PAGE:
Crave| Should I Eat This?
Ever wonder what Vietnamese restaurants do with the bones left over from making pho?
At Rice Paper in Chinatown, the bones used to be given to family and friends. Now they’re given to customers.
At fancy restaurants an order of roasted bone marrow can sell for $20 or more. Rice Paper’s version is free.
The bones at Rice Paper are boiled, not roasted. Simmered with salt and sugar for hours, the bones are then removed from the pot and more seasonings added to the broth for pho. The bones become a dish in themselves.
Huge joint sections are used, some about the size of a toddler’s head, with meat and tendon still attached. It’s not the prettiest, most appetizing-
looking appetizer. And bone marrow, which is mostly fat, is not very healthy. But it’s free. It’s a lot of food, and for those who like bone marrow, it’s soft, gooey and tasty.
“It’s called xi quat. It’s just bones that you used to boil your stock, and what’s left over, you eat that,” said Rice Paper owner Quynh Mar Chong.
The pho broth usually is made once a week, on a Friday, and a sign goes out front on nights when the bones are served. A notice also is posted on Rice Paper’s Facebook page.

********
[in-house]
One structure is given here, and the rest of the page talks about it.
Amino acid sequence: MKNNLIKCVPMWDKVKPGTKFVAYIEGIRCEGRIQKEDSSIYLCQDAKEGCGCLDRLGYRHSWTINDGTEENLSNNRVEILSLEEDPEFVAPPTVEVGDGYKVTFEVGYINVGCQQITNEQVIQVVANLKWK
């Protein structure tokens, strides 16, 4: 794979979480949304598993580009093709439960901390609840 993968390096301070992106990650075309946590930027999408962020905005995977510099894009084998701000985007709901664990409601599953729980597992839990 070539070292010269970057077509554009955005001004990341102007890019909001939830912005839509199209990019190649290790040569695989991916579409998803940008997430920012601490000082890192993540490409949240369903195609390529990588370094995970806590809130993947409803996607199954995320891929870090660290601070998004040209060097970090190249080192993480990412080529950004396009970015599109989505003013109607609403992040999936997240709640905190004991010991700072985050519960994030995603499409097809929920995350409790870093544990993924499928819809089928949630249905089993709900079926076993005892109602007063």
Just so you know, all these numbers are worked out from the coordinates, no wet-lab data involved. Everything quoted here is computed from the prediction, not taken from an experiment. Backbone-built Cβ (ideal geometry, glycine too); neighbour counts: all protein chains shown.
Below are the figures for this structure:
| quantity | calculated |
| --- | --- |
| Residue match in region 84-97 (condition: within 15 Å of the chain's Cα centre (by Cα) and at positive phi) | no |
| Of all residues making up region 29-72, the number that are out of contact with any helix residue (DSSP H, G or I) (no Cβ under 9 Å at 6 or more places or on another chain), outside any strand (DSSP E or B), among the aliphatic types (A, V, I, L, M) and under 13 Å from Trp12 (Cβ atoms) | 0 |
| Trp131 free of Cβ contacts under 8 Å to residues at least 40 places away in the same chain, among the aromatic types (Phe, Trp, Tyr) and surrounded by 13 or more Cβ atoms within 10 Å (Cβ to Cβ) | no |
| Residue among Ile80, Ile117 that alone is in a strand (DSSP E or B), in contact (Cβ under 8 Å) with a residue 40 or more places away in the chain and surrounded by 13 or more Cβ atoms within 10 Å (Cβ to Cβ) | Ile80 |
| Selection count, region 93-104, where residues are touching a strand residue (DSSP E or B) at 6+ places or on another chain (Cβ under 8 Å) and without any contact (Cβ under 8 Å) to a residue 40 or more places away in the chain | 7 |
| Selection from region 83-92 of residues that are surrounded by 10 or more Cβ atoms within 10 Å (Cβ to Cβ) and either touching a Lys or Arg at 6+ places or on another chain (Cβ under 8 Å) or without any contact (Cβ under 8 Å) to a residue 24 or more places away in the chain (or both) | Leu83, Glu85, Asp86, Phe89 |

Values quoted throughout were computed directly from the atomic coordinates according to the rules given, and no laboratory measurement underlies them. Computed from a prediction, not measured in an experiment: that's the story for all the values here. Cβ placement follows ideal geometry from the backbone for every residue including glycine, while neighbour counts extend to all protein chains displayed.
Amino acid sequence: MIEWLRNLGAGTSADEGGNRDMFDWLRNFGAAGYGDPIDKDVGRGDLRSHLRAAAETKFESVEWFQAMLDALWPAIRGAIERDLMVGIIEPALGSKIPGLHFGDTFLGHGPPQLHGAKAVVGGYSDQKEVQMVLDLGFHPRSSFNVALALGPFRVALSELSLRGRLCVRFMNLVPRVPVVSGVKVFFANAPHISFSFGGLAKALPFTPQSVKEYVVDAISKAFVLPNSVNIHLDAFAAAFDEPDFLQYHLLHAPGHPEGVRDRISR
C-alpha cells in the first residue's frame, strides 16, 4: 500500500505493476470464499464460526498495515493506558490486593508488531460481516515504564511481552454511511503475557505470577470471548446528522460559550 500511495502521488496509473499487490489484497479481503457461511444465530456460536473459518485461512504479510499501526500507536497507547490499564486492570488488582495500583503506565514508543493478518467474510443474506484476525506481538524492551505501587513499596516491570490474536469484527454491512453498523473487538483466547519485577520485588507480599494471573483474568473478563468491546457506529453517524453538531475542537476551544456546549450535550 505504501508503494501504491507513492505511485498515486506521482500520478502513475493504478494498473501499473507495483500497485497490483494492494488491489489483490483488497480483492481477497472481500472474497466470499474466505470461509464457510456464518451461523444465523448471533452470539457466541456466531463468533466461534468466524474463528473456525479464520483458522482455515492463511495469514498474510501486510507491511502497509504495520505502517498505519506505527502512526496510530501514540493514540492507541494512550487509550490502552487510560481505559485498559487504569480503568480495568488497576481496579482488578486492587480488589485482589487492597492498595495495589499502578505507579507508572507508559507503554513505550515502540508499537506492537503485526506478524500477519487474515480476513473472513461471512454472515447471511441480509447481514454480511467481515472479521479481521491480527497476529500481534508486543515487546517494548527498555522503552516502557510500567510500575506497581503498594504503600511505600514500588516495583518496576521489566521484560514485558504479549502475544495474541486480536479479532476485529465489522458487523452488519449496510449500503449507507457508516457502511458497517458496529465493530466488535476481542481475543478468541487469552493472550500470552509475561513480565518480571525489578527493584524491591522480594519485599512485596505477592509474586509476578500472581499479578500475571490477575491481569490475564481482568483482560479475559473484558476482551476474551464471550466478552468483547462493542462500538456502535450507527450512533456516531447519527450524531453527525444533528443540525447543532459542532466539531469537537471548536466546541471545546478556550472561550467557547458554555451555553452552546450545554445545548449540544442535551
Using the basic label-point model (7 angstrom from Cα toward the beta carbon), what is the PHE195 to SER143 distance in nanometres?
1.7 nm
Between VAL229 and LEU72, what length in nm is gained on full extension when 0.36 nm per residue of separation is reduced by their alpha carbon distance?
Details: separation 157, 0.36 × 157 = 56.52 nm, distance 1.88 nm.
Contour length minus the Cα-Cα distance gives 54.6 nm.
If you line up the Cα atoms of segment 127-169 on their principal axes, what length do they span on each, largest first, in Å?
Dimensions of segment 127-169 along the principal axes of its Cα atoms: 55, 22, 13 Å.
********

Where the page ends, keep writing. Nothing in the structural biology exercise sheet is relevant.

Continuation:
“Most restaurants don’t use a lot of bones like we do. It’s because we use so much that we are able to give it away. It’s enough for everybody,” Chong said.
The pho recipe is the same as it was when Chong’s parents owned the restaurant, formerly known as Pho My Lan.
The bones start boiling at about 10 a.m. and are ready to be removed by dinnertime. Diners in the restaurant by 6:45 p.m. on pho broth nights can get the bones.
One bone can be a whole meal, so you have to order something before you get your free soup bone.
The bones are big enough that you can use a straw to sip out the marrow, which coats your mouth. You’ll taste beef and fat, with a little sweetness from the sugar used in the broth.
An extra $2 buys a plate of lettuce and herbs to eat with the marrow.
Chong likes to scrape off some meat and tendon and wrap it in Thai basil or other herbs.
Or, dip the meat and tendon in a mix of soy sauce, Sriracha, the restaurant’s chili oil and a little bit of lime.
The meat is soft enough to scrape off with a spoon or chopsticks, but “people do pick it up and eat it,” Chong said. “They’ll clean it.”
Web producer Craig Gima tries out new foods in a video and print series every other Wednesday. Dare him to try a really scary food: firstname.lastname@example.org.